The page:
Sunday, March 14, 2010

Gibbons Chapter 5

This chapter gave a lot of great ideas about how ESL students go about reading, and also how we as teachers can help them with reading and comprehension. One of the most important things to remember about students who are ESL, is that many times the stories are written with the idea that everyone understand the social norms, which is not always the case. Gibbons states, "We should also remember that most children's books are written with the assumption that their readers will be familiar with the cultural aspects of the story and already fluent in the spoken language" (pg. 83). If we approach teaching ESL students in this way, we are setting up a detrimental learning environment for these children because we are not giving them a fair advantage to learn to their full potential. We must remember that there are many implications for ESL learners, and we have to approach teaching them in a careful and understanding way. Familiarity with the language is also important because there are many words that ESL students may confuse with other words or have two different meanings for the same word. These are all things that we need to remember when teaching ESL students and learning how to approach their learning.

There are several techniques that are discussed in this chapter that can help ESL students with comprehension. One of the most important ones is Predicting from a Key Illustration. I have seen this in my own experience in working with children, because if they are confused about a word, they can look to the pictures to try and come up with an idea of what is going on in the text. Although this is not always going to help the students, it is a good starting point for them to try and comprehend what is going on. Another important technique is Jigsaw Reading. Jigsaw reading consists of 3 or 4 people who each read a portion of the text and come together to share and get the idea of what is going on in the text. Jigsaw reading can be a great way to collaboratively work with students of different achievement levels, and it "provides an authentic context for developing summarizing skills, since each group of experts must decide on the key points they are going to share with others" (pg. 90). These are just a few of the techniques that can be used to help ESL learners, but there are many more on pages 85-96 so I encourage everyone to take a look!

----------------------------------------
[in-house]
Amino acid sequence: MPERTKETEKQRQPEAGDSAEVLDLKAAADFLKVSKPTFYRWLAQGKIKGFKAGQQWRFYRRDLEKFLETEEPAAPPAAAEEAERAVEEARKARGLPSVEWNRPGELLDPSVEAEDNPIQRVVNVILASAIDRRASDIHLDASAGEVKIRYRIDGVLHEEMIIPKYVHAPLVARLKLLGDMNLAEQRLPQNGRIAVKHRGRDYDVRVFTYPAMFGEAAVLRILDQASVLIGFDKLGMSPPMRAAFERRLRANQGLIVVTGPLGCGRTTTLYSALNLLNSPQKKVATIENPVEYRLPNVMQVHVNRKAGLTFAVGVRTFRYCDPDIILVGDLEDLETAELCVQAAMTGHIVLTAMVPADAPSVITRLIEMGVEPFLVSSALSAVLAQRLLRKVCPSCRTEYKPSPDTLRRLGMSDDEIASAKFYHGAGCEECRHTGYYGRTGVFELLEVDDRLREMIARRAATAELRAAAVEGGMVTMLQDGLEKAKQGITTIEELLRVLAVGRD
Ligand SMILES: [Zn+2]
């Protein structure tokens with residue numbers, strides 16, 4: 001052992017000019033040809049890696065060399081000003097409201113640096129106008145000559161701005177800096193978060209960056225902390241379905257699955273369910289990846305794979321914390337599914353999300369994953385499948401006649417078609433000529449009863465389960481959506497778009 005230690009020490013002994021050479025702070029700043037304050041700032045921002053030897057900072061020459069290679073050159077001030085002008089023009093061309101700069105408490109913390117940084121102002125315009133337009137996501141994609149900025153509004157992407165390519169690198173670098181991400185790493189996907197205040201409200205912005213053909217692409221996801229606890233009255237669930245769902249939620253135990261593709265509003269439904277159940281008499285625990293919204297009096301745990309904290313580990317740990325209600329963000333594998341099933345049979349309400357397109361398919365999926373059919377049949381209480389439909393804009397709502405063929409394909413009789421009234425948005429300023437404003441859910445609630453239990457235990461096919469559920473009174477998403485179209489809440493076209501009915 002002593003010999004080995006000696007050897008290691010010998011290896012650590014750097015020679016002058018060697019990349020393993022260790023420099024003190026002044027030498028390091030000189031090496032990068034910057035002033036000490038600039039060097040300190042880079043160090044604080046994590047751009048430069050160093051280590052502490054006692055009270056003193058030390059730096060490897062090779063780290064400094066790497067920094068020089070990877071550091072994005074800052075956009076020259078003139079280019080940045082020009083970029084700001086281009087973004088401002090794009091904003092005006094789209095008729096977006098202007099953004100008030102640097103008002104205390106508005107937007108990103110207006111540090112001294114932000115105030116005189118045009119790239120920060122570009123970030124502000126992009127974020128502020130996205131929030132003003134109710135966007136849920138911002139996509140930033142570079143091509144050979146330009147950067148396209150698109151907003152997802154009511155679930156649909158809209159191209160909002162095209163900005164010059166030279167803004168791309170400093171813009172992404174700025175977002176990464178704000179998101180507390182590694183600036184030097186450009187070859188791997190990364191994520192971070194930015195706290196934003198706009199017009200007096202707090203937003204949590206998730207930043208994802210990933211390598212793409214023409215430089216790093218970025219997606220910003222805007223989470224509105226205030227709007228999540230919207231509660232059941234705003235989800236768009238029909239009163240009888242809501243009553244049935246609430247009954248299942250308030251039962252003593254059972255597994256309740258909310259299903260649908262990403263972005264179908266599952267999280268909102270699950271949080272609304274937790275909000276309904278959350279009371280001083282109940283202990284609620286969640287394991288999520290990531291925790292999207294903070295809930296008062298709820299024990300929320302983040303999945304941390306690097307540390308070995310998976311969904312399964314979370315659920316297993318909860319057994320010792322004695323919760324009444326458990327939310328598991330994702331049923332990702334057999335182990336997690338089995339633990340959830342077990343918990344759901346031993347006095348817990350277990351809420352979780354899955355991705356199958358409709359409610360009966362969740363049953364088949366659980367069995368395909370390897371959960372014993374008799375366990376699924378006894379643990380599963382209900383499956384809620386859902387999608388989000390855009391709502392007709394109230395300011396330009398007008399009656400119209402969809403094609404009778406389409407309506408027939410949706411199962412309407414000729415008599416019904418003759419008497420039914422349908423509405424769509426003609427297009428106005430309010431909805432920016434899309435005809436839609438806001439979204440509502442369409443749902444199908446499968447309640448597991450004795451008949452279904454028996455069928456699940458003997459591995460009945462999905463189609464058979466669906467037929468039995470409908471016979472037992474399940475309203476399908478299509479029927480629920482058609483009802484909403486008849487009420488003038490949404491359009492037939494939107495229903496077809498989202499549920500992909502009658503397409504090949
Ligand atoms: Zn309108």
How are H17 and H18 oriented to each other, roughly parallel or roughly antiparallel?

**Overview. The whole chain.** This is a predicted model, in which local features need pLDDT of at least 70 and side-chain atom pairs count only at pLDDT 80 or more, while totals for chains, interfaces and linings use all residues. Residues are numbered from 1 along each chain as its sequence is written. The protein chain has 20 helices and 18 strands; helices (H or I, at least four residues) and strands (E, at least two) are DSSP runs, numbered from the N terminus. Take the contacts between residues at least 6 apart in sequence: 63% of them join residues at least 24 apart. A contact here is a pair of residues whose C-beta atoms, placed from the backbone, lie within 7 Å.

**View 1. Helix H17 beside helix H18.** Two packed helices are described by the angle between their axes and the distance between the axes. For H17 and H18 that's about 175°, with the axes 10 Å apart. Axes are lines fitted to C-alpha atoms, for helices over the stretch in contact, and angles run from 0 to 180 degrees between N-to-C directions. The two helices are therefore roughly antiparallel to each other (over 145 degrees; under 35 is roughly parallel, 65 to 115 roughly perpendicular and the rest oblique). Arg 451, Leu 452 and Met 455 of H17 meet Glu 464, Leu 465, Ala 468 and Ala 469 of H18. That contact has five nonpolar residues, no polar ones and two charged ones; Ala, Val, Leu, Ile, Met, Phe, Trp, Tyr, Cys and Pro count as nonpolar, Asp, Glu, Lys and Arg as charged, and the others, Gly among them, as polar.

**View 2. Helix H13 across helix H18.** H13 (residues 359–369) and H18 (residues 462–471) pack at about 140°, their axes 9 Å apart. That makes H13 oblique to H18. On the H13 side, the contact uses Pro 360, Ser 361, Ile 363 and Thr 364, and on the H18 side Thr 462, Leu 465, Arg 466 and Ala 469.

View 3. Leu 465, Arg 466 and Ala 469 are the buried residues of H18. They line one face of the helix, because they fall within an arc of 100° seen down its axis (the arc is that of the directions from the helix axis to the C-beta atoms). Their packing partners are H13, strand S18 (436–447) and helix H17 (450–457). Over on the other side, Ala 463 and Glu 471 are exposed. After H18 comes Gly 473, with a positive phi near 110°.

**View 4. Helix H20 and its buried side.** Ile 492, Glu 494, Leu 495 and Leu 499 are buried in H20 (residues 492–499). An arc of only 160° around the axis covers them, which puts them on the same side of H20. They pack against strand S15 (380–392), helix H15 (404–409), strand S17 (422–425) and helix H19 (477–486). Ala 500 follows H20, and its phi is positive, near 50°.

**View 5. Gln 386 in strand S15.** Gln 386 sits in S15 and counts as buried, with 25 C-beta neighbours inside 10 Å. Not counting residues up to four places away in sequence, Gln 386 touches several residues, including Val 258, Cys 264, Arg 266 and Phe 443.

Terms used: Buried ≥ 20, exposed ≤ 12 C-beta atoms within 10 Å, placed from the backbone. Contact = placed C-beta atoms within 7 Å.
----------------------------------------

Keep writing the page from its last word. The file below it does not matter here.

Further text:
1. I really like you point about how important it is to remember (as teachers) that not all of our students will connect with the reading in the same way. Like, if we were to have a class all read the same story, ESL students may be able to read it fluently, but do they really comprehend what the story is about? It's so easy to rely solely on a studnet's fluency when assessing their comprehension and reading ability, but that just doesn't cut it! And I have to say, I totally have to agree with your thoughts on Jigsaw reading. I LOVED doing that in Eric's class. I just feel like its a really great way to get kids to THINK about what they are reading without overloading them and by incorporating thoughtful discussion and collaboration. I'm not sure how often the opportunity to incorporate jigsaw reading in the classroom would present itself in elementary school (specifically lower elementary) but I think its a great strategy to remember.

  2. I liked how you talked about the idea of what she consider "normal" compared to ESL students. I have a student that has four different languages spoke at home so when she comes to school she is completely confused with what is going on and what is being said. She has so many cultures going on her life how would you approach her with strategies for comprehension? My CT is having a hard time because she can't explain what she is thinking very well because she is translating everything in her head so many times that it never comes out right? She is extremely hard to work with one on one and I was wondering if you had any ideas!